This is one of the cast offs from Knitty. I really liked knitting this one- it has a nice rhythm to it. It’s done by knitting 2 stitches, passing the first over the second, but don’t drop it off the left needle. Then knit the next stitch, going around the slipped stitch. Drop both stitches off the needle and repeat. It looks really pretty, just like a regular cast off.

Suspended Cast Off, Stretched

Suspended Cast Off, Stretched

And it’s fairly stretchy. I think this one has potential as a sock cast off, especially if done in with the next size up needle. Further research will be required on this specimen.

Crochet Cast Off

Crochet Cast Off

As you can see, this yields a cast off edge identical to the suspended cast off. (So identical, in fact, that I almost mixed them up… multiple times.) This one requires a crochet hook in a similar size to your knitting needles. Which can be a problem if you either don’t have a lot of crochet hooks or if you can’t ever find them. The crochet cast off is essentially the same as a normal cast off, but using the crochet hook instead of the right needle and drawing the new stitch through the old one instead of passing it over.

Crochet Cast Off, Stretched

Crochet Cast Off, Stretched

Good, but not great. A little stretchier than a regular cast off, but not as stretchy as the suspended or sewn. I think the annoyance of having to find a hook in the right size puts this cast off far down on my list.

Zig Zag Cast Off

Zig Zag Cast Off

This is a very intriguing cast off. I read about it on Weebleknits and it originally came from Ask Athena from Knitter’s, I think. That site has a lot of cast offs that will need to be tried… someday, lol. This is worked with a combo of slipping stitches, k2togs, p2togs, and passing the slipped stitches over. This creates an interesting zig-zag look to the cast off edge which I think will look better on some 2×2 ribbing instead of stockinette.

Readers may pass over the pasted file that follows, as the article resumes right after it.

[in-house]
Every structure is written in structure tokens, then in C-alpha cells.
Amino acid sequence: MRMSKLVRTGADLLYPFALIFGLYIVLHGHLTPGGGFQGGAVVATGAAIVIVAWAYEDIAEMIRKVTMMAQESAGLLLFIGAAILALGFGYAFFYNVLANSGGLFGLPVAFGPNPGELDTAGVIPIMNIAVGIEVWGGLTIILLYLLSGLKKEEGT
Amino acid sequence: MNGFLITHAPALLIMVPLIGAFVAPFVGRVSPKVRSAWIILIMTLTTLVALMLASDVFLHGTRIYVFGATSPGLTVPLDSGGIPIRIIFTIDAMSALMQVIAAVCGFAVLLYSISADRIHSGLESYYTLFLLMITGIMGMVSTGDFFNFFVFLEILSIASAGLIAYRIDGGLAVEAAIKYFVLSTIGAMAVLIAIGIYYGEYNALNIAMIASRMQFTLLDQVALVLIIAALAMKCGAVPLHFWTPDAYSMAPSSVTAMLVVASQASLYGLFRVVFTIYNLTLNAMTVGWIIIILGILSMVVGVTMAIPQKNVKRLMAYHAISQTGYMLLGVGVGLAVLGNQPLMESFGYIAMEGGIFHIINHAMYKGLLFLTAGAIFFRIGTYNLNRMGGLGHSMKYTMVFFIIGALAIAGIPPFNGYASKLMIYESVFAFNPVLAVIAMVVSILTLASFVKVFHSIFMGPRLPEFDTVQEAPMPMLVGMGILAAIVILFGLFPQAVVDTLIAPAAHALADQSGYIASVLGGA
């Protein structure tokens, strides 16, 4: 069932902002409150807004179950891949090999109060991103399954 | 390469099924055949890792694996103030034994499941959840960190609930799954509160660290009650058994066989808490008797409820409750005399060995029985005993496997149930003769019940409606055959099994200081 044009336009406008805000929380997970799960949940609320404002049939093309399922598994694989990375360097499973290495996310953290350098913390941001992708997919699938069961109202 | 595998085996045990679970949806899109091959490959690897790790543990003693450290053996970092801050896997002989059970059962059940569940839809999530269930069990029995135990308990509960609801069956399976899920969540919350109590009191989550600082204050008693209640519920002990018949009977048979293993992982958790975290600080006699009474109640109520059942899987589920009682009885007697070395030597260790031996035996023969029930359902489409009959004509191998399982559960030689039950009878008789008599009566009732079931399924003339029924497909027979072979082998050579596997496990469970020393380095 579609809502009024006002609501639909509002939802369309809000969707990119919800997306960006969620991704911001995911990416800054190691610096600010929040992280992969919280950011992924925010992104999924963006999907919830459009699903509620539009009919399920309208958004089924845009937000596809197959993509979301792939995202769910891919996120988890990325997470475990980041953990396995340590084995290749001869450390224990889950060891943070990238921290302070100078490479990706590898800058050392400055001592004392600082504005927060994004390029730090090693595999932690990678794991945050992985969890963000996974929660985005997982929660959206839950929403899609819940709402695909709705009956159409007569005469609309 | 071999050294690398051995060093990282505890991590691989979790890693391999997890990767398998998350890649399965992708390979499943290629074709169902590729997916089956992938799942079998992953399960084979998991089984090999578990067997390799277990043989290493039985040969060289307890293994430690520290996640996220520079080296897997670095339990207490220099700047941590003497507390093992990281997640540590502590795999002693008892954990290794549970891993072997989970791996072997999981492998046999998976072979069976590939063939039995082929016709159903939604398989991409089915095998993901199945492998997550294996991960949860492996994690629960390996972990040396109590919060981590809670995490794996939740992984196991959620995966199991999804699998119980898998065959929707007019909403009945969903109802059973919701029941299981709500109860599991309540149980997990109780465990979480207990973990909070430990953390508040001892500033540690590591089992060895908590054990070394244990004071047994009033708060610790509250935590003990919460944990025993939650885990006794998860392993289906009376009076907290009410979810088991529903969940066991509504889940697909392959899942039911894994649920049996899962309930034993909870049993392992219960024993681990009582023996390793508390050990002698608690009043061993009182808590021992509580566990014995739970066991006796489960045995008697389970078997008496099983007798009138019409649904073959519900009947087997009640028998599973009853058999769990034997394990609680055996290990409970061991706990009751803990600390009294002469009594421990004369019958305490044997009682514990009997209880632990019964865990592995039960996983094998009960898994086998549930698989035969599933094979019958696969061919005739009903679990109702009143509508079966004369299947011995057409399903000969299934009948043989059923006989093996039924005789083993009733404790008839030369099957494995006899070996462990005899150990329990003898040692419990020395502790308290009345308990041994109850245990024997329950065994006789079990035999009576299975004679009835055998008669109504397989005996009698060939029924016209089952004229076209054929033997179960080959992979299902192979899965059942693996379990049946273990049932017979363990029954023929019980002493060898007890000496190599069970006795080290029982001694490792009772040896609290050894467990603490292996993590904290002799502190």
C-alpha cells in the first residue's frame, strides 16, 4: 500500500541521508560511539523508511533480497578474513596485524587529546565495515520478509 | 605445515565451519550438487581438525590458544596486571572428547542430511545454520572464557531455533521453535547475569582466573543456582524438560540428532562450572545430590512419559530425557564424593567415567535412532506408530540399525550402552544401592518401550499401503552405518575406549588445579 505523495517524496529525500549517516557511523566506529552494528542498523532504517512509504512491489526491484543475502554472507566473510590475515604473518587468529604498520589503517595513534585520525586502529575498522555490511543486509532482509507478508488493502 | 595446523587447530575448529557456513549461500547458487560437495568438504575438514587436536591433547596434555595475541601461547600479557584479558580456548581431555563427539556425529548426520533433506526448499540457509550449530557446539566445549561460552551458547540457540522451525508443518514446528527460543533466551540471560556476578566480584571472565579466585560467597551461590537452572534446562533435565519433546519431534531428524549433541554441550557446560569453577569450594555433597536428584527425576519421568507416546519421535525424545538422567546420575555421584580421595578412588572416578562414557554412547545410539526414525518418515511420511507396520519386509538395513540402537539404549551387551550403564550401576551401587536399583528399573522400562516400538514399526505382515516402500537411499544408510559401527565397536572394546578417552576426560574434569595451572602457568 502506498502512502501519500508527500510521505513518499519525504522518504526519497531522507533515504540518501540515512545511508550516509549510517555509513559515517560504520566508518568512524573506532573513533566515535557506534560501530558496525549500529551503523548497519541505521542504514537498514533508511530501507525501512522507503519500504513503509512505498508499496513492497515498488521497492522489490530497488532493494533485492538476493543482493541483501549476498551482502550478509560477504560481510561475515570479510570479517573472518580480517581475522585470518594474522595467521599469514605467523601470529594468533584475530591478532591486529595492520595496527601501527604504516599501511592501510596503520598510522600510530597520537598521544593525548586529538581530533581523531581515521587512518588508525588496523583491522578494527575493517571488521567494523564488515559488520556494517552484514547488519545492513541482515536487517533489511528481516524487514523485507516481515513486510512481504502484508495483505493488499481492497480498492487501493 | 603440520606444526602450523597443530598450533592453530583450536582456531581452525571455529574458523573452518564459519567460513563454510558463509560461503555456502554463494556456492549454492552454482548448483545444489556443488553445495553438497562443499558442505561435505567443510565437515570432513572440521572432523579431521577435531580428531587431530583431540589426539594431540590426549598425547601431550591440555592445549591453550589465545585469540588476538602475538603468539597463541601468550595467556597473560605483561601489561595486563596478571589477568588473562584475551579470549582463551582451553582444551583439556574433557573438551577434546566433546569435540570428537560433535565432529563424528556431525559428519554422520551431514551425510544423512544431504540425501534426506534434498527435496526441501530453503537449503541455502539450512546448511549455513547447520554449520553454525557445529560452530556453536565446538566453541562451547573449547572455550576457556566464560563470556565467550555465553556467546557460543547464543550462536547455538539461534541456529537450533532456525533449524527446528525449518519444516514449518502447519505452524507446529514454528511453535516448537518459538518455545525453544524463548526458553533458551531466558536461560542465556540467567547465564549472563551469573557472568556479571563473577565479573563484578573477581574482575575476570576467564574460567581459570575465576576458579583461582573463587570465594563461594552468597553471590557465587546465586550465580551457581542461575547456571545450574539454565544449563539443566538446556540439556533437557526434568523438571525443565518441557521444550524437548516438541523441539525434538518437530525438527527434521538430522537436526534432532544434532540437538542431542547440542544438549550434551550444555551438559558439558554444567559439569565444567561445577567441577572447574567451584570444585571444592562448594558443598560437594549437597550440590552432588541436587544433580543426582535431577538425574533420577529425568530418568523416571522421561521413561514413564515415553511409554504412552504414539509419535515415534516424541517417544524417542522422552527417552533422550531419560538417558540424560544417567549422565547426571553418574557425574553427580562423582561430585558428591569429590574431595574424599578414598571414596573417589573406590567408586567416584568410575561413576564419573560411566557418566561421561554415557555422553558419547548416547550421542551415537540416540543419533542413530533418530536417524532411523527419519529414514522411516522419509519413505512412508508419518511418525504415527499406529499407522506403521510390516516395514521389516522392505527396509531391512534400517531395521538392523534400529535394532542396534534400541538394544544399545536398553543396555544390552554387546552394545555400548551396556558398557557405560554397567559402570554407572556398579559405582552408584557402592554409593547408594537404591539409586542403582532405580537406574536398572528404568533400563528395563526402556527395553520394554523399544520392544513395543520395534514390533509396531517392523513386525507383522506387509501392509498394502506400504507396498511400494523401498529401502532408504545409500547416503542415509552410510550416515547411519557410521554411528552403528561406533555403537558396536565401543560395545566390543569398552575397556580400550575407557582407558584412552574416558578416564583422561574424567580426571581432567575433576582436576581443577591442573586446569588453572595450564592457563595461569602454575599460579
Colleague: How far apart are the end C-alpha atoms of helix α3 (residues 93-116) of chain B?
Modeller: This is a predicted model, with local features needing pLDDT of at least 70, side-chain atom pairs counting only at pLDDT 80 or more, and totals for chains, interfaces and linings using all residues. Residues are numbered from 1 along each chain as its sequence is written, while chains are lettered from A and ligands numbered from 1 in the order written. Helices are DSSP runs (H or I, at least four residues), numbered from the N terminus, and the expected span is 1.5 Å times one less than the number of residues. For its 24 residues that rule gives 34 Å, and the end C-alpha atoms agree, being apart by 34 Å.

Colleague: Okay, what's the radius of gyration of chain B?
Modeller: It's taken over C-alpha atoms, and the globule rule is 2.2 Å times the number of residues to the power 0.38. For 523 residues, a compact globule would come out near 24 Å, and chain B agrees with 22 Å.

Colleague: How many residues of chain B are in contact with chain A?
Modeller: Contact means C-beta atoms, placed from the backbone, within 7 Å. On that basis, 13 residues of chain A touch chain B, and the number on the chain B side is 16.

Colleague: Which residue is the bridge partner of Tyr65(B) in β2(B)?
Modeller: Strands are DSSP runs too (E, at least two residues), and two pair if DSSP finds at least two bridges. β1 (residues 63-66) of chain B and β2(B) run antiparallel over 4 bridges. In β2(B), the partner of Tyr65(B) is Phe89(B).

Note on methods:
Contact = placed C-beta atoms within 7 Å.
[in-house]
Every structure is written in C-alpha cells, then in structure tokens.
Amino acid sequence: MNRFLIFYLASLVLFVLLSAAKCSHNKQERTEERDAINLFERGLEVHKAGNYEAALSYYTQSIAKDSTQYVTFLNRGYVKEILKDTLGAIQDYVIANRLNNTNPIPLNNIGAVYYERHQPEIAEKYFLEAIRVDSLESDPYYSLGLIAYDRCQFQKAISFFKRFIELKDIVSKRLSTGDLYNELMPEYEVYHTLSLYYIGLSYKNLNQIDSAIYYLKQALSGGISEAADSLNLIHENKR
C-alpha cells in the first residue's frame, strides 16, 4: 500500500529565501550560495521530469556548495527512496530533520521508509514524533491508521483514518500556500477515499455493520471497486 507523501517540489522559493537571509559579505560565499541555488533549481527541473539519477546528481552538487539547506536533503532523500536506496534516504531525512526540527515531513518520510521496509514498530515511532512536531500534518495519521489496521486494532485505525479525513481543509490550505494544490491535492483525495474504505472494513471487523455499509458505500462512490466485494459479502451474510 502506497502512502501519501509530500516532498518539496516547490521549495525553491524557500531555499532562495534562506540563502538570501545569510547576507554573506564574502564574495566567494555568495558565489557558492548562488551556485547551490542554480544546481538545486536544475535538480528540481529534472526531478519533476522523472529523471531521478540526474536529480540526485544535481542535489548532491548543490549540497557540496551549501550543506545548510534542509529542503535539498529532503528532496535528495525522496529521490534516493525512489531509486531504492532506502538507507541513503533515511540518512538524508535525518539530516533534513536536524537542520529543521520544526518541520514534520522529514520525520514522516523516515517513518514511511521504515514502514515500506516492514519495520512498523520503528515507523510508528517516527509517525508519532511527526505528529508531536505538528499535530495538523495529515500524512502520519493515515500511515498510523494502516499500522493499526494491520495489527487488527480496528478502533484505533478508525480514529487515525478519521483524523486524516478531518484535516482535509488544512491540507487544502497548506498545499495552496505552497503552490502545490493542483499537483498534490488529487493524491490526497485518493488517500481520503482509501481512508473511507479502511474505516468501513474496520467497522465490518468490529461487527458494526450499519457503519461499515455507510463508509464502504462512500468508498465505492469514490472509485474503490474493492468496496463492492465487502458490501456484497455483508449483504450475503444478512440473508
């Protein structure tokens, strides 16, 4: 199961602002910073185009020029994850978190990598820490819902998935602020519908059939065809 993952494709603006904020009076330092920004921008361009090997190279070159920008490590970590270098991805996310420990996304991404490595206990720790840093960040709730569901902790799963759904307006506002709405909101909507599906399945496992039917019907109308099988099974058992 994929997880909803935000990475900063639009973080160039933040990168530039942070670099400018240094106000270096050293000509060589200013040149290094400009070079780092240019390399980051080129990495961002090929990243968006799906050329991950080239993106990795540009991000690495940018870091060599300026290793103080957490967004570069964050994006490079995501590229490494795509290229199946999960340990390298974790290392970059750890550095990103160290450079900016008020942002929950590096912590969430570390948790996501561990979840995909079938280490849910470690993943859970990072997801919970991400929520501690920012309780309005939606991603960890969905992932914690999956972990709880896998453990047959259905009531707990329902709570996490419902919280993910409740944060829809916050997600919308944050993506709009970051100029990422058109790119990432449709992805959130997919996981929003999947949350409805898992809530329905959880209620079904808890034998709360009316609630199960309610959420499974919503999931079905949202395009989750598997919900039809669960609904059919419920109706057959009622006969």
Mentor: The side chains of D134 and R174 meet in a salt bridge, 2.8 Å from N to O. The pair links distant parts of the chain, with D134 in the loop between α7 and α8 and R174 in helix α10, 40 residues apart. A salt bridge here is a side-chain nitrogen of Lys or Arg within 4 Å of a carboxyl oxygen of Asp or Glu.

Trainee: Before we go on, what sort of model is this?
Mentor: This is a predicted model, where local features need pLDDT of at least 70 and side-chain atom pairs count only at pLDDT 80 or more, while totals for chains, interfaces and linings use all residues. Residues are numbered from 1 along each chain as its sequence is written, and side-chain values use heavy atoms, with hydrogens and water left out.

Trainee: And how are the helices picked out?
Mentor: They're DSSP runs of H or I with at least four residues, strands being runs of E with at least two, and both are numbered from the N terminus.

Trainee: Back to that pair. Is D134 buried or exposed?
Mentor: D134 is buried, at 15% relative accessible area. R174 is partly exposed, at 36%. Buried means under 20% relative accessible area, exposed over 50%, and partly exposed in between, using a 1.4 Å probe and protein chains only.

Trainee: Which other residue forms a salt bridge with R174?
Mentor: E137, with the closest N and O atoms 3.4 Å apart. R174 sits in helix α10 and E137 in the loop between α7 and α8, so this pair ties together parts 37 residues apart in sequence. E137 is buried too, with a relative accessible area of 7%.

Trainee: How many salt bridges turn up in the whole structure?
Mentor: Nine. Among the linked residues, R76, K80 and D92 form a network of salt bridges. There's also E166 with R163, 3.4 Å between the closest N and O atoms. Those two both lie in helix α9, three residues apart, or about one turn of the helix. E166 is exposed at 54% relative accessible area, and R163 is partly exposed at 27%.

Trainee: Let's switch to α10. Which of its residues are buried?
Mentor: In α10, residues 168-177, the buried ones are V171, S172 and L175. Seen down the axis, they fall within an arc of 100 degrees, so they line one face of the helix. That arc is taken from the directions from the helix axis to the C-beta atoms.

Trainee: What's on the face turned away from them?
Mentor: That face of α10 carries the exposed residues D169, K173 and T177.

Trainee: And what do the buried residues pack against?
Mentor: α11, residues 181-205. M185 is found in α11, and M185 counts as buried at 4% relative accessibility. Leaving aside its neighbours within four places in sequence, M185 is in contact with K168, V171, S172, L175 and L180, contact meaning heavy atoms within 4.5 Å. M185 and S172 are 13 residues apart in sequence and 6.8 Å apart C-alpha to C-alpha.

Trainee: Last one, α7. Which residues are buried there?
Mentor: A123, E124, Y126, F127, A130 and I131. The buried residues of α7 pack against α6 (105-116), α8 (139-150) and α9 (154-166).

Zig Zag Cast Off, Stretched

Zig Zag Cast Off, Stretched

Oh boy, does that stretch! Not as much as EZ’s Sewn Cast Off, but really, that’s like comparing any other swimmer to Michael Phelps. EZ and Phelps are just in a different league. This cast off has the clear advantage of being worked right on the needles, no sewing required. I think this could work out really well for socks or mittens, especially if you want a unique edge. I’ll be making a tutorial soon, because this one might be hard to understand from the written descriptions.

There are so many more cast offs to try… tubular, double knitting, increasing stitches… I can only do a few at a time before I start to hate making those swatches, so this might have to be a recurring topic to cover more of them. We’ll call it… Casting Off with Cailyn or Bind Off to Success! or The Evening Stretchfest. Something like that.


Ties that Bind August 11, 2008

Filed under: Knitting Projects,Musings — Cailyn @ 4:08 pm
Tags: , ,

Apparently the Knitting Gods heard my foolish statement last week, declaring that I find color work relaxing and fun. They were very, very tricky. They waited, silently lurking, until I was done with the increases. Then the heel was completed… Cautiously, I tried them on, knowing that this was a tricky part. They fit! Amazing. It was clear sailing from there on, right? Just some color work on the cuff and then the bind off. WHAM! The Knitting Gods looked down upon my confidence and it did not please them. The cuff wouldn’t go over my foot. Rip back, try again with bigger needles. Mess up the color work pattern. Rip back, try again. Now too loose around ankle. Rip back, work some 1×1 ribbing, work cuff. 1×1 ribbing totally useless, looks ugly. Oh well, I can ignore that. *Mess up color work again, rip back again.* Repeat from * to * for half a day. Finish cuff. Cast off, very loosely with bigger needles, using a regular cast off for a clean look. Haha, what was I thinking? Rip cast off out and replace with Elizabeth Zimmerman’s Sewn Cast Off. Now start all over again for second sock, being very careful not to anger knitting gods. Maybe they would like a sacrifice of some purple cashmere….